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    this is a good thread and i convince for ketogenic diet but i have some confusion, in anabolic diet book issued by dr. mauro pasquale he said that in mass phase we can load 5000 cal/day & in cutting we can cut it to 3000 cal/day and in dr. atkins basic diet manual book he said to watch carbo without counting calories which is the right way count or not and if we did not count as dr. atkins said how do people burn fat?

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    car diesel is offline NPC Lightweight
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    any answer please??

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    car diesel is offline NPC Lightweight
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    any answer please?

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    CNovaJason is offline NPC Middleweight
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    So as far as this diet goes, low carbs throughout the week, say around 30g per day of carbs with good protein and fats, and then on the weekend for 1-1/2 days carb up? I am 6'2", 206lbs right now. Body Fat % around 16 or 17. It is very close. The calculations is what I am having problems with. I typically eat cereal (Special K) yea yea dont' laugh, for breakfast, then an Isopure (0carb0sugar) shake for a mid morning snack, then lunch is fish with shrimp and a vegetable like beans or corn, later afternoon snack is say pecans or an apple then later dinner is a steak with some more veggies and a salad (steak sometimes subbed with fish, chicken, pork etc). I do 6 days a week of training Monday Chest Tris Shoulders, Tues Cardio, Wed Back Bis Thurs Cardio Fri Legs Sat Cardio Sun OFF being the cheat day for anything goes. Any comments from you guys would help. I'm just looking for an edge to keeping my 206lb FRAME and losing some body fat % say down to 10% if not lower........THANKS BROLYS!

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    Edogaijin is offline NPC Lightweight
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    The Cyclical Ketogenic Diet: True Fat Loss

    I'm going to start this asap but I find the problem for me is buying the food and actually knowing what I'm buying is what I need.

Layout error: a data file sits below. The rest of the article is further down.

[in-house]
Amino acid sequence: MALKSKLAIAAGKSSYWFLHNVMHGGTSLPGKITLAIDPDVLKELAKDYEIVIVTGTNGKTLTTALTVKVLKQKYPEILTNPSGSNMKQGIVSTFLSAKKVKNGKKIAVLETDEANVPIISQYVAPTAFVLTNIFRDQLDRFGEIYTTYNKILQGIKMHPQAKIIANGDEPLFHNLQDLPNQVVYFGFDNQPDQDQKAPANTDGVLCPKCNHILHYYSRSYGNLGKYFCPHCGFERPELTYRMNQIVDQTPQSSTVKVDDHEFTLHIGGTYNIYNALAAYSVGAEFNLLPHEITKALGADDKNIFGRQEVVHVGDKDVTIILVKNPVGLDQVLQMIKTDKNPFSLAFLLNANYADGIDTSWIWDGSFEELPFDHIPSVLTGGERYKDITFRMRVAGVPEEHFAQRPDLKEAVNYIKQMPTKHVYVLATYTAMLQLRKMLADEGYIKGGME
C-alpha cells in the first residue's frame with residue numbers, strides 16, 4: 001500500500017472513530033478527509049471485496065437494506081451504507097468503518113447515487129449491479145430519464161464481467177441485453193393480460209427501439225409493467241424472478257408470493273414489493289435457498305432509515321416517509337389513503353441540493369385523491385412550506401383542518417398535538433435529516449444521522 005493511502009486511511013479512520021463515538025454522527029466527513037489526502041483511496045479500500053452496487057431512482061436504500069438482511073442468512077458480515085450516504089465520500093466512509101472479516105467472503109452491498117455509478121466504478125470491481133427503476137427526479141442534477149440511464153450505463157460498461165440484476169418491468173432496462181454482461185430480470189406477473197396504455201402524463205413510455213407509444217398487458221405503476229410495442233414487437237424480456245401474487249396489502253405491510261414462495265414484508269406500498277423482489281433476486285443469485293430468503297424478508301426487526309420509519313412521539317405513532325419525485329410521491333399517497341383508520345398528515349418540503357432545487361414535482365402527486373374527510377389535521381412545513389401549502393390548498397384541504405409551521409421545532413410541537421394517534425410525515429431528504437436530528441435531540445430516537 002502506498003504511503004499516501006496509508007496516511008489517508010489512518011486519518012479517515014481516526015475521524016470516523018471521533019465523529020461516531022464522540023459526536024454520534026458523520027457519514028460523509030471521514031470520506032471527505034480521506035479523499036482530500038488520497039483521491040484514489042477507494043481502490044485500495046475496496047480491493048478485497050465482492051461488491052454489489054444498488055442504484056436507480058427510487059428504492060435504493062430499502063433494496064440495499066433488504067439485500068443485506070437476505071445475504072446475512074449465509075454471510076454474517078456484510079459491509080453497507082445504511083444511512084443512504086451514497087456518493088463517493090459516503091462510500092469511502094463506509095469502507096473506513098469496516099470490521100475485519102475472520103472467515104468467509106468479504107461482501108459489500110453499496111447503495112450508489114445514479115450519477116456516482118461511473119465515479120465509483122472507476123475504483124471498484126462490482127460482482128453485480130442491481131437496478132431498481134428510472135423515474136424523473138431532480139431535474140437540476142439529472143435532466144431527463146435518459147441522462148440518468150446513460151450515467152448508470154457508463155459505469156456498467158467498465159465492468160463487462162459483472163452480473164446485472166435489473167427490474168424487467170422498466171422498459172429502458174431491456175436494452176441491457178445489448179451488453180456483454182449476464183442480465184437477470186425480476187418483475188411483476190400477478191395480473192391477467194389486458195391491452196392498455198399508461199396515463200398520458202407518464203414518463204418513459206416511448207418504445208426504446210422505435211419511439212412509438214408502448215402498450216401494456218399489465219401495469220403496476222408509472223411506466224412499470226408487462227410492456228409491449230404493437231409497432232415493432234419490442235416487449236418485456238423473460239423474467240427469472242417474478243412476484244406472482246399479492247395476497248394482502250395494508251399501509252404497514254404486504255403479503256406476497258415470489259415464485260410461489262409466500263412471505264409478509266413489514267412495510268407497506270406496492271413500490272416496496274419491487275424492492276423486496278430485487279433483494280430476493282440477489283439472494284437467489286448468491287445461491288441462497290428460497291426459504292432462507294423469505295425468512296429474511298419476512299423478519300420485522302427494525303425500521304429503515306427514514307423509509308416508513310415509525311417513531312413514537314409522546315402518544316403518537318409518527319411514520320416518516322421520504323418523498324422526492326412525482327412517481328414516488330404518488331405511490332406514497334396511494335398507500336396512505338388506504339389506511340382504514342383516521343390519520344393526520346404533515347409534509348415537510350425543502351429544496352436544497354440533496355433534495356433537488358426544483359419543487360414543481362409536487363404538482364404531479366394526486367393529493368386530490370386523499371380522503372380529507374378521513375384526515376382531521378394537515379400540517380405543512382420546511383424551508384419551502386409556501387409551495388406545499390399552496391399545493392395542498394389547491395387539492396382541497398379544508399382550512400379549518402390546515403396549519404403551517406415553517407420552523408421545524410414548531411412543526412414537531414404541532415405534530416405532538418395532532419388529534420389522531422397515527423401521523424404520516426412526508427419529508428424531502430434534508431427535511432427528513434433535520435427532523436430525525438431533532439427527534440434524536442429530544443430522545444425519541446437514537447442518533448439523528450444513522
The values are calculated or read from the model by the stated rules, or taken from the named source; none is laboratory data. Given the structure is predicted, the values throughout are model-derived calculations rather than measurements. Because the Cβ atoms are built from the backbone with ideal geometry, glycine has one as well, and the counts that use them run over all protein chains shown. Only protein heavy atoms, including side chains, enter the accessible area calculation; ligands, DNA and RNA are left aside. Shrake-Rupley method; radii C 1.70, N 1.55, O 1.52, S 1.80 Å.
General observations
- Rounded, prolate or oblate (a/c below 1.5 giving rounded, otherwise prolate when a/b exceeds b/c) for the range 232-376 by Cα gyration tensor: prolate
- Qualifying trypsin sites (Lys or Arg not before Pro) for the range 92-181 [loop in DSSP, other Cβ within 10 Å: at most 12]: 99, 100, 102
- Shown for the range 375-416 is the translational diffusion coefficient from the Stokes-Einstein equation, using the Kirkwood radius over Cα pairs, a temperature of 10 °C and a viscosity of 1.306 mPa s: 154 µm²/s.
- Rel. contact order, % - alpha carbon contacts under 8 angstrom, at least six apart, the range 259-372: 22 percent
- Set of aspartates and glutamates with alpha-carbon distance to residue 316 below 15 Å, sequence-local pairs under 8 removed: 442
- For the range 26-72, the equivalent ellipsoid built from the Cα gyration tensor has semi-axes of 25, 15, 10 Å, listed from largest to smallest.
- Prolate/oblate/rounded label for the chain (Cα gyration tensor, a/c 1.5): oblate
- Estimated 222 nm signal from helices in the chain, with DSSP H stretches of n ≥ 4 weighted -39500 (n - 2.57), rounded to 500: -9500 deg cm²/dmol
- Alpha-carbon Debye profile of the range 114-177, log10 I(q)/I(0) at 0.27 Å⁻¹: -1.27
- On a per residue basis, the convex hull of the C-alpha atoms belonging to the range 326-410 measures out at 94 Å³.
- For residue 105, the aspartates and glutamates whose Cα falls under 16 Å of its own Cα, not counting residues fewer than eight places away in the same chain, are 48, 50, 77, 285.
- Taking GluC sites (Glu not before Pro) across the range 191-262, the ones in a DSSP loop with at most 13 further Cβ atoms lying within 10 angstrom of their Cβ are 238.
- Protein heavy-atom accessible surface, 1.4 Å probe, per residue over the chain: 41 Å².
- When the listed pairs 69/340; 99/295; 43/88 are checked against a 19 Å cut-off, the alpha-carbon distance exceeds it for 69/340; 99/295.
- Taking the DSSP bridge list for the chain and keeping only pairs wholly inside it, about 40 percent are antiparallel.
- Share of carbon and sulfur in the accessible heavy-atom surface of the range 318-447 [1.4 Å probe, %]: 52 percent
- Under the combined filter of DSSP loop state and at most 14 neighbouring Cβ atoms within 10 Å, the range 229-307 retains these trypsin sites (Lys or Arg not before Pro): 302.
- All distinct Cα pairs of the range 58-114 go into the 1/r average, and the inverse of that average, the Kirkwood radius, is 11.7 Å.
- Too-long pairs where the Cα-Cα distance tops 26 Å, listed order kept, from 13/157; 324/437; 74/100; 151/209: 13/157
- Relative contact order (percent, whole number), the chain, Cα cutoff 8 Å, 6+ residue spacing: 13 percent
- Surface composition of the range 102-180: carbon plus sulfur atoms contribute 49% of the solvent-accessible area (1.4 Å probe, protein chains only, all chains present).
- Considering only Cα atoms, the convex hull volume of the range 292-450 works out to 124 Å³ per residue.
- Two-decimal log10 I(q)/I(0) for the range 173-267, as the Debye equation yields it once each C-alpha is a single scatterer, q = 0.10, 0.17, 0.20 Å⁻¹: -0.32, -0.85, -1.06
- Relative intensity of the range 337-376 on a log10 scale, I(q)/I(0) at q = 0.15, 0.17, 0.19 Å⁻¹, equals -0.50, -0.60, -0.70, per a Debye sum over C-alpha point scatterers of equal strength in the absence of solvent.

I live in Japan and labeling of food is not as good as it needs to be.
    What is sold in the U.S etc and listed in English diets books as suitable food is not always available easily in Japan.

    I use a protein powder with yoghurt, milk or water daily and it's easy to get good oily fish and other forms of protein.

    What I find difficult to calculate and plan for on this diet is the fat consumption.

    Good forms of fat can be found in nuts, but where else can good sources of fat be found without sugar, without bad carbs, thrown in?

    I cycle between 400 to 1000km per month, hit the gym when I can (lately not enough). Put on muscle easily. 45. I have already lost 10kgs in 2008 and looking thin enough everywhere except for the belly.
    Seeing as I cycle so much, (2 or 3 very heavy sessions a week) it's hard to go without the carbs.

    I've got the Tokyo Marathon coming up in March and need to run a hell of a lot before then and lose some weight.

    I don't want to lose any power and need to start off with all the food ready for at least 3 or 4 days so I stay on track.

    Is there a list of food anywhere that is suitable for this diet?

    I've just spent 30 minutes calculating how many gms of protein and fat I need per day... I just want to make sure I eat them in the correct percentages...

    (This is my 2nd post here and I've read the forum off and on for a long time).


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    Corleone1213 is offline NPC Lightweight
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    Keto is a great diet if you can actually follow it perfectly. I recently did a version where I adjusted to macros for a lean bulk. If you mess up though you back track quite a bit a lot is built around leaning how to deplete your stores.

    The cool part is your diet can be made up of some great foods you never get to eat normally lol... Buffalo wings without breading, cheese steaks, hot dogs, sausage, etc lol oh yeah... aka keto health food.
    Treat every set as if it was your final one, treat every workout as if it were to prepare for a show, treat everyday as if it were you last

  23. #22
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    Quote Originally Posted by Edogaijin View Post
    The Cyclical Ketogenic Diet: True Fat Loss

    I'm going to start this asap but I find the problem for me is buying the food and actually knowing what I'm buying is what I need.
    I live in Japan and labeling of food is not as good as it needs to be.
    What is sold in the U.S etc and listed in English diets books as suitable food is not always available easily in Japan.

    I use a protein powder with yoghurt, milk or water daily and it's easy to get good oily fish and other forms of protein.

    What I find difficult to calculate and plan for on this diet is the fat consumption.

    Good forms of fat can be found in nuts, but where else can good sources of fat be found without sugar, without bad carbs, thrown in?

    I cycle between 400 to 1000km per month, hit the gym when I can (lately not enough). Put on muscle easily. 45. I have already lost 10kgs in 2008 and looking thin enough everywhere except for the belly.